Google has alerted an unspecified number of Android phone users that they have been infected with a recently spotlighted spyware named Hermit. “We have identified victims in Kazakhstan and Italy,” Google’s Threat Analysis Team (TAG) said in a blog post.

Unlike Pegasus spyware, developed by NSO Group, which had “zero click” vulnerabilities on iPhone (the ability to infect a device without the user doing anything), the compromises observed by Google in Hermit’s case begins by sending a link to the victims.

The latter invites them to install an application pretending to be either a tool developed by a telephone operator or a messaging application. In some cases, according to Google, the Hermit user seeking to infect someone benefits from the complicity of a telephone company to disable the network of his target, and the phishing message invites him to reestablish his connection by passing through the infected application.

Lots of potentially stolen information

Whether on iOS or Android, Hermit uses different methods to make the victim install the application without going through the official stores (App Store and Google Play Store). Once nested in the phone system, Hermit can then access a certain amount of personal information. On Android, for example, the application asks for permissions to activate the camera and microphone, read SMS, etc., among other things.

The new information published by Google comes a week after the publication by the specialized company Lookout of a long report on Hermit, which is also based on the discovery of infected victims in Kazakhstan, but also in the northeast of the Syria, where Kurdish populations live.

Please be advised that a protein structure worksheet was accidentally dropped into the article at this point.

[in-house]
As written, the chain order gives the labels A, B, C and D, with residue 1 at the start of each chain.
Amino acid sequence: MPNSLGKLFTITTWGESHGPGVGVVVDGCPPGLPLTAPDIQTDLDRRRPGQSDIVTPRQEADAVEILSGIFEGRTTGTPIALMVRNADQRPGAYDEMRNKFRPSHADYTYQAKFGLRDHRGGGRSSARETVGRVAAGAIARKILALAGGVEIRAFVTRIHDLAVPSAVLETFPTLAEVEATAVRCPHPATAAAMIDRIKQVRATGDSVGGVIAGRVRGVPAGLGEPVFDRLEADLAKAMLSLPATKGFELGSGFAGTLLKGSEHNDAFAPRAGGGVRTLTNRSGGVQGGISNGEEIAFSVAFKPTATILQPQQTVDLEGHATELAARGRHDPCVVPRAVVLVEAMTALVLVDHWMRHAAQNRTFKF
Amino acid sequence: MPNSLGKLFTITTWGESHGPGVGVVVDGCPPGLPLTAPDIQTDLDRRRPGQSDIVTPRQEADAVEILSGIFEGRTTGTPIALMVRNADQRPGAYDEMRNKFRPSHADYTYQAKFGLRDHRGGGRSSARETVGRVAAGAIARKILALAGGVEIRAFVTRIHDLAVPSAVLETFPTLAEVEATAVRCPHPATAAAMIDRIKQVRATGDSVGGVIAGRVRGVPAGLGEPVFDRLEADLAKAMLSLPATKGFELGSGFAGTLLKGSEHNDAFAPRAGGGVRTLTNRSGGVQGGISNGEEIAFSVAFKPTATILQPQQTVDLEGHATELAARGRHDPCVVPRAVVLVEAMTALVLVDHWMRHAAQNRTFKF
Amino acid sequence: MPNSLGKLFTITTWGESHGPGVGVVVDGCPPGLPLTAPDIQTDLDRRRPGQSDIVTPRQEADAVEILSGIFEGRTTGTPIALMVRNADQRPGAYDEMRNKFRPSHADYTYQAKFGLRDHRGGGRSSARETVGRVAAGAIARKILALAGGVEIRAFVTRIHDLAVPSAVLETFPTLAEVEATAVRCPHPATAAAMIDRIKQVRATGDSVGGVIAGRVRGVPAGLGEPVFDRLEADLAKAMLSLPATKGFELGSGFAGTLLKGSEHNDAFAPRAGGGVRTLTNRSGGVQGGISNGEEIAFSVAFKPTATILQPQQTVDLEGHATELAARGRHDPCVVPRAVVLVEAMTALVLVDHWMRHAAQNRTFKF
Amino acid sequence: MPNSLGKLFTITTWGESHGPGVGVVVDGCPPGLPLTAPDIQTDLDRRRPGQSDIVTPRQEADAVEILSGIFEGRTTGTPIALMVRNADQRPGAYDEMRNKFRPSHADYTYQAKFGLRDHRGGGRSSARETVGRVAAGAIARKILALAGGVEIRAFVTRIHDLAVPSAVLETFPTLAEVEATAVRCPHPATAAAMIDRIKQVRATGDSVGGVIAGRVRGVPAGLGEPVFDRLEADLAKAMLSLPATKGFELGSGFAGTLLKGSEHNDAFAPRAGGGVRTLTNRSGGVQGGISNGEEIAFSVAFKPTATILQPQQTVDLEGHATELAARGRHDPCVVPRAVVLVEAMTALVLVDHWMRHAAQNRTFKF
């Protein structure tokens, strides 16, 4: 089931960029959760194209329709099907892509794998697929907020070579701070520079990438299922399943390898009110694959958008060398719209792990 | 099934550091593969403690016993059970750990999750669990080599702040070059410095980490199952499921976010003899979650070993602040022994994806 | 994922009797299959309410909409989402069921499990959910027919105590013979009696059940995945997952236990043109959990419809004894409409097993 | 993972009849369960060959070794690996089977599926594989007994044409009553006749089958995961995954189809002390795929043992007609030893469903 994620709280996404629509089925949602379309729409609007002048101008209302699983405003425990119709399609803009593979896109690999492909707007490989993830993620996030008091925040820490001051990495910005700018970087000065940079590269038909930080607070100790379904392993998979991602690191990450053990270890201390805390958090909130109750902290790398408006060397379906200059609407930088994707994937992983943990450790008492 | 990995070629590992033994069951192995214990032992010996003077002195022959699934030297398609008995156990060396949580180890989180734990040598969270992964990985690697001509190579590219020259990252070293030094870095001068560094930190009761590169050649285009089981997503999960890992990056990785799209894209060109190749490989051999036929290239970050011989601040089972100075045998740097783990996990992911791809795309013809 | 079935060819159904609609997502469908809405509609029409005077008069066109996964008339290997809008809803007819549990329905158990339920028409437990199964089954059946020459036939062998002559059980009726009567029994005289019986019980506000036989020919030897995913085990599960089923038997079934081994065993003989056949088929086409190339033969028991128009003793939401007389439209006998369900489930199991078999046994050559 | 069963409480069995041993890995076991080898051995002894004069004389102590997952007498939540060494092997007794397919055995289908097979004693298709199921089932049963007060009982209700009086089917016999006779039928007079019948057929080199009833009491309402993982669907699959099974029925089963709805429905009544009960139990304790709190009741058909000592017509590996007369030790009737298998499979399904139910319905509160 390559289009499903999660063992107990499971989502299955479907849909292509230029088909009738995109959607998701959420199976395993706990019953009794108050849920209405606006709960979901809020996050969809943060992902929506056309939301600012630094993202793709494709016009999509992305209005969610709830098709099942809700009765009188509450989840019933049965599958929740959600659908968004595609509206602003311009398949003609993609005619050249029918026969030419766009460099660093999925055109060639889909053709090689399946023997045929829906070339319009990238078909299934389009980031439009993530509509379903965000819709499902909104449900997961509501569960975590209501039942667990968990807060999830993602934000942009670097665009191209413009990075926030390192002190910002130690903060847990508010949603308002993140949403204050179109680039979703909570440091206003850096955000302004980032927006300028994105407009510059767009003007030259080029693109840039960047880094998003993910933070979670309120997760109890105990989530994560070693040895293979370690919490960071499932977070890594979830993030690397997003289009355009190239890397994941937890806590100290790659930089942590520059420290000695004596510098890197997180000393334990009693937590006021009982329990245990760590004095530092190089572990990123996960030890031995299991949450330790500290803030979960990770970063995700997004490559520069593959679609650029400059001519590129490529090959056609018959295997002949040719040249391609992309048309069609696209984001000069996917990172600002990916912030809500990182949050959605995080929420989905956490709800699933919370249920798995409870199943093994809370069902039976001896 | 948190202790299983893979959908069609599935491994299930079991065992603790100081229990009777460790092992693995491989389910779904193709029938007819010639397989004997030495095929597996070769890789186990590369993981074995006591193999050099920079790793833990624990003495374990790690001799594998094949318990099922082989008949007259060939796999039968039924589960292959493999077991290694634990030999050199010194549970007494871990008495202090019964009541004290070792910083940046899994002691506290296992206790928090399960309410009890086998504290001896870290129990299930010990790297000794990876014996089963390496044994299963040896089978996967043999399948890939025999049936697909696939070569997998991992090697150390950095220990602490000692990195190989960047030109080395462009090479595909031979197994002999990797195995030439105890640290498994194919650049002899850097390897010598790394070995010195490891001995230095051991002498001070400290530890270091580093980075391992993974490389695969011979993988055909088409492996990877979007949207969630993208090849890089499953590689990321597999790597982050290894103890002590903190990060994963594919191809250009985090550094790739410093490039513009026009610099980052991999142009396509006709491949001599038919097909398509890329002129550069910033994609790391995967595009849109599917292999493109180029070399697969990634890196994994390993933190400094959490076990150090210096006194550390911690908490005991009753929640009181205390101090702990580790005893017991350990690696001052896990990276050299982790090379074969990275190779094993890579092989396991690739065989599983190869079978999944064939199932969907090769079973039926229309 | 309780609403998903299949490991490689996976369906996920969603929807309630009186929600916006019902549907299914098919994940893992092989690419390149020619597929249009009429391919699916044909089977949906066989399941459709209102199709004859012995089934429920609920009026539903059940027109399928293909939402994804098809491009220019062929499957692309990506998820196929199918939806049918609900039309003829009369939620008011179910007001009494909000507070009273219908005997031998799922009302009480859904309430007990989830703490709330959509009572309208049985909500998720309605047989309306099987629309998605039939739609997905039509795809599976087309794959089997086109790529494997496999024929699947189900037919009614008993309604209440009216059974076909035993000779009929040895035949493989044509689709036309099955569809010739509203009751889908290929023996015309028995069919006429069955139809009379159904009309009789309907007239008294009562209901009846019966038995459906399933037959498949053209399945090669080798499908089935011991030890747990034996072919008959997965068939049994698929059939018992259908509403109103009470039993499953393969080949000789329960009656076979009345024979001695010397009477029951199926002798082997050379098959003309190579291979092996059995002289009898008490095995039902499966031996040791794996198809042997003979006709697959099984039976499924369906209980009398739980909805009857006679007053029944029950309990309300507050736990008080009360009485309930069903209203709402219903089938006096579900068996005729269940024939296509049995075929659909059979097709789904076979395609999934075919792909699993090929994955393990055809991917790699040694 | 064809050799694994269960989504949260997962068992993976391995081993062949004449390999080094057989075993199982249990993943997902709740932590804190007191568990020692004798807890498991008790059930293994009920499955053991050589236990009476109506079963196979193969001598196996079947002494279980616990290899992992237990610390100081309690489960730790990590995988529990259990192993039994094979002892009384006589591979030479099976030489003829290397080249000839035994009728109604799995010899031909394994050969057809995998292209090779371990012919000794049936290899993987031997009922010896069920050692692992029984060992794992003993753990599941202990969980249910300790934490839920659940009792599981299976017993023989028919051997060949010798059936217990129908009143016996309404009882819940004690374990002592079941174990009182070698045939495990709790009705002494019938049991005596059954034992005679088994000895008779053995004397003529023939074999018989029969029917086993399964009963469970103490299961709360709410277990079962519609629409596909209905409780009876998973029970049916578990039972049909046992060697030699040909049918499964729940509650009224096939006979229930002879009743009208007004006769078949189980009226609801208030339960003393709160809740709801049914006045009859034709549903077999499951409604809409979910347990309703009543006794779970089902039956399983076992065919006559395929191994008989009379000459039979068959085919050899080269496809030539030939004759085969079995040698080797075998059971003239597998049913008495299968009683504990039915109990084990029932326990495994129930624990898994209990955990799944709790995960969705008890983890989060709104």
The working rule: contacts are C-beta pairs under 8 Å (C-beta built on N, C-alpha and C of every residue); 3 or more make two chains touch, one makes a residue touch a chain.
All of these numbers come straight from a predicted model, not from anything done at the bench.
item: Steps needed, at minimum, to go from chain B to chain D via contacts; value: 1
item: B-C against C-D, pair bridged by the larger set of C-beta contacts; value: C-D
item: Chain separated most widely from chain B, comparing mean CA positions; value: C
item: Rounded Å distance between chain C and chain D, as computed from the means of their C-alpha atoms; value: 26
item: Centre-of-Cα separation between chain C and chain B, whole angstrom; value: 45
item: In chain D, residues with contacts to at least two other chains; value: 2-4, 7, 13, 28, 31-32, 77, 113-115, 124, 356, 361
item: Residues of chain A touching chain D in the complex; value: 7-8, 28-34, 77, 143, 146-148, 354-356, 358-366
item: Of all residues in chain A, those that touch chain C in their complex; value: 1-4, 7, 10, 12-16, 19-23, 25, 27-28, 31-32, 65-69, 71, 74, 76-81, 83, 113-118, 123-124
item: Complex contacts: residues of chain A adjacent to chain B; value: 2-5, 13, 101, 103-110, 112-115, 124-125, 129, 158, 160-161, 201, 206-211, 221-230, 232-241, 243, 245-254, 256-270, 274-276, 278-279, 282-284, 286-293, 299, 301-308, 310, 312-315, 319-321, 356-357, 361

Google and Lookout believe that this spyware is developed by the Italian company RCS Lab, a company which, like many others, sells surveillance technologies to governments, police and intelligence services. On its site, RCS claims to have subsidiaries in Spain and France. “RCS is the European leader in lawful interception services, with more than 10,000 targets processed daily in Europe alone,” the company continues. The fact that Hermit sometimes relies on the complicity of telecommunications operators to infect its targets also corroborates the trail of a tool used by state actors.

Former partner of Hacking Team

As Lookout points out, documents released by WikiLeaks suggest that RCS Lab was, in the early 2010s, a partner of another controversial Italian company called Hacking Team. This spyware developer, whose emails were hacked and released by an activist in 2015, was notably accused of selling surveillance technologies to authoritarian countries.

In email exchanges dated 2012, for example, one can read discussions between representatives of Hacking Team and RCS, the first company offering the second to act as a reseller for a potential customer: an information service Pakistani. In this same exchange, RCS offers to market one of the Hacking Team tools to a government client in Turkmenistan. “You have the green light to present and promote our solution to the end user in Turkmenistan,” wrote a senior Hacking Team executive, for example.

In 2016, the specialized site Motherboard got hold of a presentation made by RCS Lab to one of its customers for its own surveillance technology, at the time called Mito3.

Net giants like Google and Apple are watching the surveillance industry closely, as these companies are constantly looking for security holes in Android and iOS phones, in order to keep selling surveillance tools to their customers. In May, Google’s Threat Analysis Group claimed to actively monitor nearly 30 companies selling spying technology.

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